Steampunk

Art by Adam on 2007-09-08 12:47

Steampunk is something of a rising genre of fictional works. Or perhaps it’s better called an aesthetic, one that shows up in many fictional works. It combines the edgy, bad-ass, rough-and-tumble feel of cyberpunk with the fantastical feel of conventional high fantasy, all set in a world which typically feels like the early Industrial revolution.

Steampunk works tend to contain elements like flying machines, mechanical creatures (typically golems or mounts for riding), computation engines ala computers but built of clockwork parts, and projectile weapons; but these devices are built of what we would consider low-tech components, like pistons, pulleys, iron, wood, and of course steam engines as the power source. On one hand these devices seem plausible, but on the other they could never be built in practice - hence, the fantastical element.

I only became aware of this term less than a year ago, but it describes the feel I was always going for in my multiplayer online game, Blood Dusk. Players of the game know that, although it appears to be fantasy-themed at first, there are many industrial-age elements, such as the Clocktower, Mutant Mansion (where the end “boss” is a mix of the mad scientist and evil wizard stereotypes; and where I poke fun at mythical creatures by having him try to create them from “real” animals surgically); and the Artificer’s Tower. The most steampunkish is certainly the Machine God template, where advanced players can have crude surgery done to attach metal components such as an exoskeleton or a piston-driven pummeling arm.

Steampunk goes beyond just the mechanical devices, though. Set in worlds that are poised on the brink of the Age of Reason, it was a time when science had only just begun to split off from magic. For example, Issac Newton founded modern physics (hard science if there ever was one), but spent more of his life pursuing alchemy. Alchemy was the artifact of the previous age, where understanding the universe had more to do with magic and superstition than empirical evidence or testable hypothesis.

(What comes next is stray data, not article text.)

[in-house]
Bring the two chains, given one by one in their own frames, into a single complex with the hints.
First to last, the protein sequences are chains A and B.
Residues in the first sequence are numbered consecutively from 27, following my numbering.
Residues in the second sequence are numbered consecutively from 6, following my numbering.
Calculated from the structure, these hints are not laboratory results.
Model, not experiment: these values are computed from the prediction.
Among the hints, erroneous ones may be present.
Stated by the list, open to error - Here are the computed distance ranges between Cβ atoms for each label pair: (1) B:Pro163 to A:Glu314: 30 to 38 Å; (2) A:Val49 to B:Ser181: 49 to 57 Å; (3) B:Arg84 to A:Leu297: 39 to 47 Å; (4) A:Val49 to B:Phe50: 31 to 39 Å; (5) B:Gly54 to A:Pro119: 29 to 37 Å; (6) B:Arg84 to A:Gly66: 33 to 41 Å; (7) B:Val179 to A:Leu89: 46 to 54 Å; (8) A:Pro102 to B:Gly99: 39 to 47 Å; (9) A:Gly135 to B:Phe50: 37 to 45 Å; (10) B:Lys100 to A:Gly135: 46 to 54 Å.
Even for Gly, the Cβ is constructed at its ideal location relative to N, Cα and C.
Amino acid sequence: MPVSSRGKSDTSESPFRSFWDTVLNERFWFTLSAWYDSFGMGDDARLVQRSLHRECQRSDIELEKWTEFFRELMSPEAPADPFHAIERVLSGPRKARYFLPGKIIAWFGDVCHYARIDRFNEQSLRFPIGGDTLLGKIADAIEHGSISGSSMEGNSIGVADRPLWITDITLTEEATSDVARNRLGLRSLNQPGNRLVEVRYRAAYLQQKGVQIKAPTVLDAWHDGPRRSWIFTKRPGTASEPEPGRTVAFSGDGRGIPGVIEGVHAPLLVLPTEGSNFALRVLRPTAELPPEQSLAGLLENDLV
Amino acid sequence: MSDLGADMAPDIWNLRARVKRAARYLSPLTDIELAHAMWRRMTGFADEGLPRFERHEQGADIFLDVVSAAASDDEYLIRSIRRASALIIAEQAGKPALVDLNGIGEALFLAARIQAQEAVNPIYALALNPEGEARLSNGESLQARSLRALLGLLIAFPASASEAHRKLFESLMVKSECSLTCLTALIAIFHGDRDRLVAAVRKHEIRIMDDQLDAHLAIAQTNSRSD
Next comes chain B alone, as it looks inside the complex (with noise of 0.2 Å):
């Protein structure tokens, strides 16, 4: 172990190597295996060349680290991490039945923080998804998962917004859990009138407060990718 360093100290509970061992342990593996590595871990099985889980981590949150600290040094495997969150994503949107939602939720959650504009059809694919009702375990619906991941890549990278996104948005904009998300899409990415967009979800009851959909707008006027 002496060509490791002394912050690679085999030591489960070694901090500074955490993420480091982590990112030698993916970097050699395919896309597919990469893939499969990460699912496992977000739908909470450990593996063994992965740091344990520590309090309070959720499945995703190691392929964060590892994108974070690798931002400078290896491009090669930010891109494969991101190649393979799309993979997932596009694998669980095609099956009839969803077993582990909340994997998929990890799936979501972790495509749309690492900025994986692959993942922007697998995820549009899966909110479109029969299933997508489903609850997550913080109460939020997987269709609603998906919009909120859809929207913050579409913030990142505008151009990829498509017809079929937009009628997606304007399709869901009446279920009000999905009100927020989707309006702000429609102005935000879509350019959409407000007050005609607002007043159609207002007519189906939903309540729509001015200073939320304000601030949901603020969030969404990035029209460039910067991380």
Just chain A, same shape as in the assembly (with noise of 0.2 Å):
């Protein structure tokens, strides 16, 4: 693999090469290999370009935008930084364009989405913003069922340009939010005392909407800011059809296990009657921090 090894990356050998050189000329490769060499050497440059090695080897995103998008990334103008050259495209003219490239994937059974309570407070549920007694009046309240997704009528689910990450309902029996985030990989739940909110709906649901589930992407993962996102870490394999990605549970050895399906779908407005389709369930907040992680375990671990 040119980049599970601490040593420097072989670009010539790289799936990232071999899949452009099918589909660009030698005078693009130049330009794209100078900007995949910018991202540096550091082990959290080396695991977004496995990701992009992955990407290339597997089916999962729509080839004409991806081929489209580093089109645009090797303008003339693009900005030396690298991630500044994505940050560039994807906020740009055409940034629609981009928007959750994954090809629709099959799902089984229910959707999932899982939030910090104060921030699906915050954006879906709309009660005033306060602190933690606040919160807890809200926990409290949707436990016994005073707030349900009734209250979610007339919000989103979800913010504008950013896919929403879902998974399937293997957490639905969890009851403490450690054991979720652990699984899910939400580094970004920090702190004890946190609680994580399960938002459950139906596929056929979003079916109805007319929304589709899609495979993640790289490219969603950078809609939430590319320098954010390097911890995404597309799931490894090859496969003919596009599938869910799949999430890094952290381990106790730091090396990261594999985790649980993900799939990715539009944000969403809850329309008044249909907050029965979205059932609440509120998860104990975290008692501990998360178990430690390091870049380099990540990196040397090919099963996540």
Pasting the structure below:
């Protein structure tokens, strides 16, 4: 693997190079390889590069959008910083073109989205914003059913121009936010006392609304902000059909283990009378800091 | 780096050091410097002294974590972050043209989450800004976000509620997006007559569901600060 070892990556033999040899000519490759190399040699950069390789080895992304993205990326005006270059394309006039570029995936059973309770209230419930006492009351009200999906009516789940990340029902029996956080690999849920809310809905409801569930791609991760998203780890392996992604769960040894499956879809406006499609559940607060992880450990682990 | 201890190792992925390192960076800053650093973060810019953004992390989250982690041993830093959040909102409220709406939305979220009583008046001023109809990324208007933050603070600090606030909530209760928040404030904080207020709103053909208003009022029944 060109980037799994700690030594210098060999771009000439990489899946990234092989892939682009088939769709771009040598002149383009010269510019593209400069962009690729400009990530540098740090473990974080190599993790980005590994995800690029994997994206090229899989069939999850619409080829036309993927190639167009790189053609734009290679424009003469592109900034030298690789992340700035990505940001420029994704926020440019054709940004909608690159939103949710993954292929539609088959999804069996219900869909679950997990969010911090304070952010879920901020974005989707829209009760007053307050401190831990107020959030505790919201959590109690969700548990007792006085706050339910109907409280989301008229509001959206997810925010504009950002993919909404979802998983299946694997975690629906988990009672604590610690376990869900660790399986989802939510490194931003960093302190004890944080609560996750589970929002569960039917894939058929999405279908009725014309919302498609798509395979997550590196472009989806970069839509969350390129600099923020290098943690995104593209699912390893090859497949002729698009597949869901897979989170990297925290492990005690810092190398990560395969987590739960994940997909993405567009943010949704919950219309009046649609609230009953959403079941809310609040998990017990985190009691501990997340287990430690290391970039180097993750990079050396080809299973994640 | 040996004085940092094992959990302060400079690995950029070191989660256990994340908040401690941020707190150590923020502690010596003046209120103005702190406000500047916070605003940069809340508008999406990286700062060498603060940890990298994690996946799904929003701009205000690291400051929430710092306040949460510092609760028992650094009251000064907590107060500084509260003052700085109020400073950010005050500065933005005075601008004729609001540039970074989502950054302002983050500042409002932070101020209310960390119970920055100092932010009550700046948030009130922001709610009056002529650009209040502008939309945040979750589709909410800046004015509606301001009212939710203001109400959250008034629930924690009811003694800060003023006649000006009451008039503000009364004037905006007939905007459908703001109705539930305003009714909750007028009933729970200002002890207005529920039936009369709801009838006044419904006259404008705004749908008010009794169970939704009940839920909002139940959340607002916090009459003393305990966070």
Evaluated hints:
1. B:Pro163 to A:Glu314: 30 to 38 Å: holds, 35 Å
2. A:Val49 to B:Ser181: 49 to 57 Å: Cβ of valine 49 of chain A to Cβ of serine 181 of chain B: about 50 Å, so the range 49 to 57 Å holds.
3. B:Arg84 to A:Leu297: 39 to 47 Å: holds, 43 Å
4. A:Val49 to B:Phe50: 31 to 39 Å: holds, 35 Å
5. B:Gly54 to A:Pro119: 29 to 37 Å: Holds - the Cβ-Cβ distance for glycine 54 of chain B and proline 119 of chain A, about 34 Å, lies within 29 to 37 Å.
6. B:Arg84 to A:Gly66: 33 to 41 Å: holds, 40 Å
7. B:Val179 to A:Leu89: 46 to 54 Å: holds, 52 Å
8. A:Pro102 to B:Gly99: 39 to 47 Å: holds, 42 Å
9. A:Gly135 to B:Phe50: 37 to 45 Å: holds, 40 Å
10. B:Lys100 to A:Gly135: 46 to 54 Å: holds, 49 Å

Perdido Street Station plays this up very well; the main character is a scientist, but his works often seem more like that of a sorcerer. In some cases the magic-science crossover is quite explicit, such as the bio-thamauturges. My favorite chapter in the book is 26, where a group of of vodyanoi (a race of creatures who can shape water as a sculptor would clay) dock workers are on strike. The government sends in the militia, riding giant man-o-wars (floating creatures with stinging tentacles) to disperse the crowd and kill the strike leaders. I especially love this passage:

“Three militiamen knelt at the very edge of the river. They were surrounded by a thicket of their colleagues, a protective skin. Quickly the three at the centre pulled target-rifles from their backs. Each man had two, loaded and primed with powder, one of which they set beside them. Moving very fast, they sighted along the shafts into the miasma of grey smoke. An officer in the peculiar silver epaulettes of a captain-thaumaturge stood behind them, muttering quickly and inaudibly, his voice muffled. He touched each marksman’s temples, then jerked his hands away.